A Glimpse That Outlives the Moment

Eric Pankey’s ‘Augury’
Eric Pankey (Milkweed Editions)

There’s a certain comfort to be had from a poem that’s centered on a person. We tend to like the groundedness provided by a narrator; lines like Seamus Heaney’s “Our unspoken assumptions have the force / of revelation” might feel more ominous were they not attached to some sort of a presence. The world is wondrous but also strange and sometimes even dangerous; a narrator whispers us into peace.

The poet Eric Pankey doesn’t seem to feel that way. Most of the poems in his latest book, Augury, don’t contain people. And in those that do, the people are nameless and faceless. Yet even without that reassuring presence, the poems as a whole produce a dreamy feeling of calm—a different kind of calm, and not necessarily a bad one.

Soft phrases and sounds, fluid lines, a feeling of synthesis at the end provide this sense. Pankey’s work is on the same spectrum as Lawrence Joseph’s fine verse, although Joseph’s concerns are often more urban, often more apocalyptic—our present world. In “Speculation On a Star-Nursery,” “An empty, oarless / Boat drifts / Above vast depths.” A place “Where gravity / Long ago / Released light, // Light which has not / Reached an eye / That might behold it.” Pankey considers another setting in “Speculation on the Dark Ages”: “deep within / A grammar of cinders,” among “toppled ramparts,” a whisper of a world “Like the gas / And dust trail // Of an imploded, / Now vanished galaxy, / Illuminated.”

If Augury resided in only these drifting, serene moments, the book’s content might rise out of our reach. But Pankey introduces a human presence at precisely the right moments to ground the poem. In “Speculation on the Weight of Yesterday,” he considers the intangible nature of grief, how “Like the light at Lascaux, / It is transparent / And dissolves as salt does on the tongue.” But this isn’t metaphor for the sake of metaphor. When the flesh and blood does enter the poem, it feels necessary. “You wonder how such a small thing, / Removed as if a mote from your eye, / Could have caused such irritation. // Held in your palm, it is a smidgen, / An iota, a whit, nothing / A tear could not wash away.” Pankey’s shift to second-person gives location and intensity to an expansive illustration of grief. 

If Augury resided in only these drifting, serene moments, the book’s content might rise out of our reach. But Pankey introduces a human presence at precisely the right moments to ground the poem

A good book of poems, to borrow Marshall McLuhan’s usage of the term, massages a reader into a sense. Augury’s massaging gives us the best of two senses: just enough poems that are free-floating, so that when Pankey plants us in a specific place and time, we feel the force of the ethereal in the particular and mundane. An unrestored church, full of graffiti and cracked pipes, is the setting for “Speculation of the Absent God.” “Kids play kick-the-can // With a dented censer.” Some poets might use that image as a metaphor for the institutional church, but I find it refreshing that Pankey doesn’t leave the moment: we just watch the kids messing around in the abandoned chapel, “a perfume of cinders” rising from each kick.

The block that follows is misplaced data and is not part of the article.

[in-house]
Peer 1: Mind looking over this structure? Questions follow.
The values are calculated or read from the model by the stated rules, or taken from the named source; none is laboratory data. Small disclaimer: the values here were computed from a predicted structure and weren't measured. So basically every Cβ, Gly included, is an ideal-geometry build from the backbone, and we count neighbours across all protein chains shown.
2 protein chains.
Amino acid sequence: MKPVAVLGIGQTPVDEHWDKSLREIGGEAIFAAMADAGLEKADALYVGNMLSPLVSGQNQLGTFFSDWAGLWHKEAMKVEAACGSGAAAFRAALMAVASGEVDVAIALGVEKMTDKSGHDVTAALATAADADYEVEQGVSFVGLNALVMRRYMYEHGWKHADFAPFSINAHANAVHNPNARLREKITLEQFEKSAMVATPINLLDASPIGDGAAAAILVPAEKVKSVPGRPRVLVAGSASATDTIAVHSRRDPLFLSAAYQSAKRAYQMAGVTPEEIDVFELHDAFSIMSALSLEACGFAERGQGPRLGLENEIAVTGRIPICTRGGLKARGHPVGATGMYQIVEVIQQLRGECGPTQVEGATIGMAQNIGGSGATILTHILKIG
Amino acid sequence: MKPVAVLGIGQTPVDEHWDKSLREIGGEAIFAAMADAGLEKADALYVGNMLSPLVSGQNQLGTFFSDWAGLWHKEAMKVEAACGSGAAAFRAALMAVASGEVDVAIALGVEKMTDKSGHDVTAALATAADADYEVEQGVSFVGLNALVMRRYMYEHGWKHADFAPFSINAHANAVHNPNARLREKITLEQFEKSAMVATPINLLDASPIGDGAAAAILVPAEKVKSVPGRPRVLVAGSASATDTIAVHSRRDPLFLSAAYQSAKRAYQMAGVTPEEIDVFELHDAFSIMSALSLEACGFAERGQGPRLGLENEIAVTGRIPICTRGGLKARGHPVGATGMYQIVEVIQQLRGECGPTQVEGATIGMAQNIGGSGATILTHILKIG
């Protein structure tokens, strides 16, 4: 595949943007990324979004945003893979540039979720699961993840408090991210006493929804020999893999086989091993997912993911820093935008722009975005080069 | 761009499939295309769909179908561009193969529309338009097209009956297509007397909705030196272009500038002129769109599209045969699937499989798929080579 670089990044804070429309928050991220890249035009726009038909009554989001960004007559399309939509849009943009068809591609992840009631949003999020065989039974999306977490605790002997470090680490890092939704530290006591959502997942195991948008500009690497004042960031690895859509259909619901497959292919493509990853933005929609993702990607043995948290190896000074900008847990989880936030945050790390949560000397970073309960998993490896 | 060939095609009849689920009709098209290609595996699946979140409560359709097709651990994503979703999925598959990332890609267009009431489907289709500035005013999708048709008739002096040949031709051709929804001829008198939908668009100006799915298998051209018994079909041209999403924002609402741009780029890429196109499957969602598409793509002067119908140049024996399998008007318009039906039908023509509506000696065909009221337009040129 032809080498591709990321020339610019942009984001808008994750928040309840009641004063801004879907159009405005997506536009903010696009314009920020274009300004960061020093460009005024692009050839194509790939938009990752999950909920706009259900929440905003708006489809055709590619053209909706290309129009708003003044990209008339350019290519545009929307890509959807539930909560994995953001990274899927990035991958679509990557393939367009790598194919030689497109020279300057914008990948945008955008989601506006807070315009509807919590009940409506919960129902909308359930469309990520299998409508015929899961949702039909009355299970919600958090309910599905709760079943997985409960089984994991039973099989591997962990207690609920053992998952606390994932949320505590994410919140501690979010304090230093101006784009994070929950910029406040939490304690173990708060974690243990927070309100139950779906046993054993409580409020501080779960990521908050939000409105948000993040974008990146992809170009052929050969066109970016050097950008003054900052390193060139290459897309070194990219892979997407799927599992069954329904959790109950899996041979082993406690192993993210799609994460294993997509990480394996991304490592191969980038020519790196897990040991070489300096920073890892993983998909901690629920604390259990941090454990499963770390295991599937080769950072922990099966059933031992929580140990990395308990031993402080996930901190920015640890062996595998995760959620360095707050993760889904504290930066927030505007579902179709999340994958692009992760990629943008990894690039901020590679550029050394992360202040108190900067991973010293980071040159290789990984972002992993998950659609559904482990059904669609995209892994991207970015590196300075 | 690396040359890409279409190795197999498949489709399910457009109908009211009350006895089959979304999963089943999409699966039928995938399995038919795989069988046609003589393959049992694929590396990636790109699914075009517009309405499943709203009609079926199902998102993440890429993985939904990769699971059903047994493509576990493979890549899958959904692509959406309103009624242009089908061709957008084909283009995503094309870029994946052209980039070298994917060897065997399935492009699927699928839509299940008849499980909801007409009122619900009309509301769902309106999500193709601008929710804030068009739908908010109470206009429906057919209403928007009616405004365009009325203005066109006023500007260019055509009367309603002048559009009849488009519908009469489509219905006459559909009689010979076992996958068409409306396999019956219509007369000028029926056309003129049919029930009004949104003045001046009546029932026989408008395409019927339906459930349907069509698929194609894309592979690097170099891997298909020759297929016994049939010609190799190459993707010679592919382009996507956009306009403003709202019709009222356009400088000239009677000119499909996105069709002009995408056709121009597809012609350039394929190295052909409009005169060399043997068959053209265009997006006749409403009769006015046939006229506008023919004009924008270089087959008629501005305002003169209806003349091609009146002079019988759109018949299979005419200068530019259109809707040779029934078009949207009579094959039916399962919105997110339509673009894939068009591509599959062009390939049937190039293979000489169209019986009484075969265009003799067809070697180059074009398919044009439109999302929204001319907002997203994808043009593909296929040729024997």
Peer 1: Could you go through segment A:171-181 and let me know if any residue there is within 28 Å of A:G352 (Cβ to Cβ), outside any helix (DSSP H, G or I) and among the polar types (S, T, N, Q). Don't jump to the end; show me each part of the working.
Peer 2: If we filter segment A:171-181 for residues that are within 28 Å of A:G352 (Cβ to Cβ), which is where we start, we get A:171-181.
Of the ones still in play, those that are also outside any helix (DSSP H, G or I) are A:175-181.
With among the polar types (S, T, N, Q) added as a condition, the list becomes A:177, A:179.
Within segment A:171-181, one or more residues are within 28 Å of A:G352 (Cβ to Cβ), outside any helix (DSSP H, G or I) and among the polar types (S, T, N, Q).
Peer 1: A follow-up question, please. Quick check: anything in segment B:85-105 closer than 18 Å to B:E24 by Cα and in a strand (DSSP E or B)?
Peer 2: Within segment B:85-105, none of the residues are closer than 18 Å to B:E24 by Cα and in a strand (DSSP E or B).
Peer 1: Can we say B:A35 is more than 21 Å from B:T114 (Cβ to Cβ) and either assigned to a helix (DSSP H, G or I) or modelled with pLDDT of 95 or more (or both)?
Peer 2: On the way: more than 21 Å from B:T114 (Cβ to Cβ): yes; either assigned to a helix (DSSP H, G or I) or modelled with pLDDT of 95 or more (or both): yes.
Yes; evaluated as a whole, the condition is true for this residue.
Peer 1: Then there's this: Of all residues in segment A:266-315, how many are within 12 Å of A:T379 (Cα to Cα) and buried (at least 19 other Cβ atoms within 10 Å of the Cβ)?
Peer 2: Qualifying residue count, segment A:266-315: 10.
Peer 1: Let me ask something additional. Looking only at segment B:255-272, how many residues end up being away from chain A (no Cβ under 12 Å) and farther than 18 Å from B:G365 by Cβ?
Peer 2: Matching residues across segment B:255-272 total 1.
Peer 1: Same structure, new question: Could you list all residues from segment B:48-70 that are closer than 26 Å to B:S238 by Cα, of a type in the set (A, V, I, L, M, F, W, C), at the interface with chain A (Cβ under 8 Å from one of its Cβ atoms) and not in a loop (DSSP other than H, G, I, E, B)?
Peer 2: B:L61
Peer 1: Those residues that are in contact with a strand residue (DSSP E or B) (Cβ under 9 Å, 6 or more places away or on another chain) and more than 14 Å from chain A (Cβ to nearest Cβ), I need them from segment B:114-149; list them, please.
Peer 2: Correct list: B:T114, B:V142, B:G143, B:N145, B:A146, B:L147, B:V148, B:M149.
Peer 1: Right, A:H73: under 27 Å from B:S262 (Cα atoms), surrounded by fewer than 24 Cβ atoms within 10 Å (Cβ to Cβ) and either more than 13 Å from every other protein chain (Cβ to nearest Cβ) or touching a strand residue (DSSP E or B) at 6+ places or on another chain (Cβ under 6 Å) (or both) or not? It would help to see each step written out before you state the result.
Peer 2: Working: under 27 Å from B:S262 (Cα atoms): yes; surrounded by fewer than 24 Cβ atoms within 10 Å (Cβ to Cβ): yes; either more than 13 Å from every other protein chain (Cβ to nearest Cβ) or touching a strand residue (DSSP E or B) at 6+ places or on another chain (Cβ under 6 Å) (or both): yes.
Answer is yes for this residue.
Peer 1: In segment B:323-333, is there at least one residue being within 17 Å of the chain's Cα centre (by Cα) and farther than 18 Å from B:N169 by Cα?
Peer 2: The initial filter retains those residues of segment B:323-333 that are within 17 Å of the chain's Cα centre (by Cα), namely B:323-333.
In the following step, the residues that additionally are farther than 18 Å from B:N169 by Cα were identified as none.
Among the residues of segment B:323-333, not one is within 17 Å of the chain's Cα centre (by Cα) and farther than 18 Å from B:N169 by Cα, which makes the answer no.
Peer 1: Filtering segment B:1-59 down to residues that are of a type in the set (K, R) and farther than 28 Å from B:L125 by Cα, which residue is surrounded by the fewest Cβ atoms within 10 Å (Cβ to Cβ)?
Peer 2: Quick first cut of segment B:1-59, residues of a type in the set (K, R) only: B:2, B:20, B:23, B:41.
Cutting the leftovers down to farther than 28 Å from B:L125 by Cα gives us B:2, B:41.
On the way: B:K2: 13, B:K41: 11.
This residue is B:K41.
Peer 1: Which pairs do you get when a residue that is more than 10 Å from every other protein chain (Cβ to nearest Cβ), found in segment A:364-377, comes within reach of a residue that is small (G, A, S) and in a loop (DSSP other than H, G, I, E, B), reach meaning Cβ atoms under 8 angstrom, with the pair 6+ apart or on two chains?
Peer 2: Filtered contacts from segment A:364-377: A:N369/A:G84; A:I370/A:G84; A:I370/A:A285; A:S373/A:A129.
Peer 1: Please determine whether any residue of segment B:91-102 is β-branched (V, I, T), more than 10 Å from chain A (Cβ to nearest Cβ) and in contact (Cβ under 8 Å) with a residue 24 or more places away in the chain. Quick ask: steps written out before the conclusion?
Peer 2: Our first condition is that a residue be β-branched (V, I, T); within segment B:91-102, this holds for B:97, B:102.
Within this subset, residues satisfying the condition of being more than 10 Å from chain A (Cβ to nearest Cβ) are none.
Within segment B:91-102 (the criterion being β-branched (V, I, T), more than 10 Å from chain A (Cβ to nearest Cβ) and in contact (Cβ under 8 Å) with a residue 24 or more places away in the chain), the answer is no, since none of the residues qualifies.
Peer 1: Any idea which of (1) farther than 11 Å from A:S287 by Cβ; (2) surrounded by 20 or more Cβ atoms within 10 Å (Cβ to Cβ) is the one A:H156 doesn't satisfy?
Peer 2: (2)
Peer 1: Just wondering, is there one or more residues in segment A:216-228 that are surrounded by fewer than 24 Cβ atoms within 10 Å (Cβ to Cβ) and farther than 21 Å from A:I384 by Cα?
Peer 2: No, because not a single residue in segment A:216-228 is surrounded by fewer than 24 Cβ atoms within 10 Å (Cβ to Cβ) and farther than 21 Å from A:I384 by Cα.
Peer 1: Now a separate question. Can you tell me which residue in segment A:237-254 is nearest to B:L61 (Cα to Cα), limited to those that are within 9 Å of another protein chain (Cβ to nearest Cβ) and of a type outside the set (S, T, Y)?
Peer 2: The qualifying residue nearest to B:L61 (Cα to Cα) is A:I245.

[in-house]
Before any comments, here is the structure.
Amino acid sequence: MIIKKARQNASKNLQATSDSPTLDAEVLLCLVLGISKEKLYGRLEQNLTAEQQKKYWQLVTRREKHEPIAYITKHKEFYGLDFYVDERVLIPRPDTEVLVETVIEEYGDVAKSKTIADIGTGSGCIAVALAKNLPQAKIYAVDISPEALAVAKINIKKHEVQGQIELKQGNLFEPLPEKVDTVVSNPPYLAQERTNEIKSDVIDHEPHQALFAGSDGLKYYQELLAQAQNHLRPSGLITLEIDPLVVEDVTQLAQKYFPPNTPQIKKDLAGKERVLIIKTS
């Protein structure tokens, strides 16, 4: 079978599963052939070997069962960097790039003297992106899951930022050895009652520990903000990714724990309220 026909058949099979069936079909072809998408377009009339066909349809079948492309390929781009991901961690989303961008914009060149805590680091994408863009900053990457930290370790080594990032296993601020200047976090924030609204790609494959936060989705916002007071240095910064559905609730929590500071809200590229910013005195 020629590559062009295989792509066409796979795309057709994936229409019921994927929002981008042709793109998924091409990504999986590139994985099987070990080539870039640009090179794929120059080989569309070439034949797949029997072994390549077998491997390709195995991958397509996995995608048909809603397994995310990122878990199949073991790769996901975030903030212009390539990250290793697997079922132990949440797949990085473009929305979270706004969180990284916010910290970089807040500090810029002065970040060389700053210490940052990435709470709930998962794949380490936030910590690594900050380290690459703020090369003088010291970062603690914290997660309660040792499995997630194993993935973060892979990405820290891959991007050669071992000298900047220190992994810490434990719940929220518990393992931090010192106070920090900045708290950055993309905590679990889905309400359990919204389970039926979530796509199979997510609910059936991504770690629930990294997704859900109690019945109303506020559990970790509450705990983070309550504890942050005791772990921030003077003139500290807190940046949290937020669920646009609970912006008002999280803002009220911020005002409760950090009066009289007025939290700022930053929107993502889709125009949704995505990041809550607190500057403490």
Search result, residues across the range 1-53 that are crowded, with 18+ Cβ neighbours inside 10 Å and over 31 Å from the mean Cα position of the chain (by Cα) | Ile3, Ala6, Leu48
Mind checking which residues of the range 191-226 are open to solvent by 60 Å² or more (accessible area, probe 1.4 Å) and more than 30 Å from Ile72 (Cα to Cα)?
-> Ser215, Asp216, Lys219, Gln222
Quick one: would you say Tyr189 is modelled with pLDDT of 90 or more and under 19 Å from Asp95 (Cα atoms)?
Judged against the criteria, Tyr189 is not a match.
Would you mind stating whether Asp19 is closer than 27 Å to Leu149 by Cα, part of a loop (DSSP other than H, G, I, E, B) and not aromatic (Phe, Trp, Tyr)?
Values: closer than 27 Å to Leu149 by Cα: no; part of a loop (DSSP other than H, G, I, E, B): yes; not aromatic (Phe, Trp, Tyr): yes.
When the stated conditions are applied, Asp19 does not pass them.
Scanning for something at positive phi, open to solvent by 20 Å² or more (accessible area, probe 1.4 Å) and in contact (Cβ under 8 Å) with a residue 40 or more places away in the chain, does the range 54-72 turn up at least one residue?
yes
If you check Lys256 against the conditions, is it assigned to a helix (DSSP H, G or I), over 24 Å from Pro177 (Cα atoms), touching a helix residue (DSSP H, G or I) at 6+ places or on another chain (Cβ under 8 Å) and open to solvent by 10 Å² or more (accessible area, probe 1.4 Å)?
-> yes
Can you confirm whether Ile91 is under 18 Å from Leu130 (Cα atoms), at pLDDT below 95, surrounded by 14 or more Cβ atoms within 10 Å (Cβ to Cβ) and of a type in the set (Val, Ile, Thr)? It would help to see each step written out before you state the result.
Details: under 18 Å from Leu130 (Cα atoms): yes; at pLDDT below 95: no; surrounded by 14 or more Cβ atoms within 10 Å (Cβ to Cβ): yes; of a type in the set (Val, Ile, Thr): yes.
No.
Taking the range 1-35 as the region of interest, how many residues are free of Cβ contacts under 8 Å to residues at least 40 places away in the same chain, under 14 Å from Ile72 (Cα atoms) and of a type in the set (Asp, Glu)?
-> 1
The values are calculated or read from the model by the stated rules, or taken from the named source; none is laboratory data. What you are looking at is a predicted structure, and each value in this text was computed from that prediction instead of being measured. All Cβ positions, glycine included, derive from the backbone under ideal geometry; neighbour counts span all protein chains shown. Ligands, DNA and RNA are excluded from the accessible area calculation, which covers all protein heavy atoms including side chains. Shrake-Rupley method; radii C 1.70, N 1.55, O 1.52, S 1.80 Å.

In “Kansas City 1969,” a boy is “sent in to fetch his father” at a bar. A dull, small black-and-white television lights a cloud of cigarette smoke. “Little Jimmy, the barmaid calls him. / James is his father’s name and not his.” He’s a precocious kid, a little puffed-up with God talk (when he looks at the roiling smoke, “he thinks of Judgment Day”). He’s there, as the barmaid notes, to take his father home, but he’s distracted by how her “blouse button // Holds on by a single raveled thread.”

The boy climbs a barstool “and begins / To spin.” He doesn’t stop, moving round and round, and then “slips down off the stool and staggers.” Pankey leaves the poem there. Because he’s taken us to the stars and beyond; to the past and somewhere even before it, that dingy Kansas City bar is its own little cosmos. We can hear the low music. We know the place’s “dark is narrow and shallow.” We can imagine that kid turning like a gyre for years, decades, on until he’s no longer able to stand on his two feet.

Augury ends with a sequence of prose poems that are like strange little prayers: “The church bells ring, yet hours elongate, hours foreshorten. So little time between the dew-bent fern and peat, peat and lignite, lignite and anthracite.” Pankey almost offers a wink in one of the vignettes: “I possess, I admit, a limited repertoire of themes and motifs.” But from the vague, warbling moments comes a real precision: “I look up and I am a sickly boy again: writing an edifying dictum one hundred times in chalk. A white-on-green cursive alphabet runs the length of the blackboard.”

Pankey’s sudden but subtle shifts—from floating to rooted, ethereal to concrete—merge these categories, introducing one into the other. As Pankey writes, “What one senses is experienced as a glimpse, a glimpse that outlives its moment.” That’s a nice way to describe poetry. Both a poetry that looks to the ancient stars, and one where “an ordinary wall . . . is transformed by light, but the change, one might say, is imperceptible.” 

Eric Pankey
Milkweed Editions, $16, 98pp.


Nick Ripatrazone is the author of The Fine Delight: Postconciliar Catholic Literature (Cascade Books) and of two books of poetry, Oblations and This is Not About Birds (Gold Wake Press).

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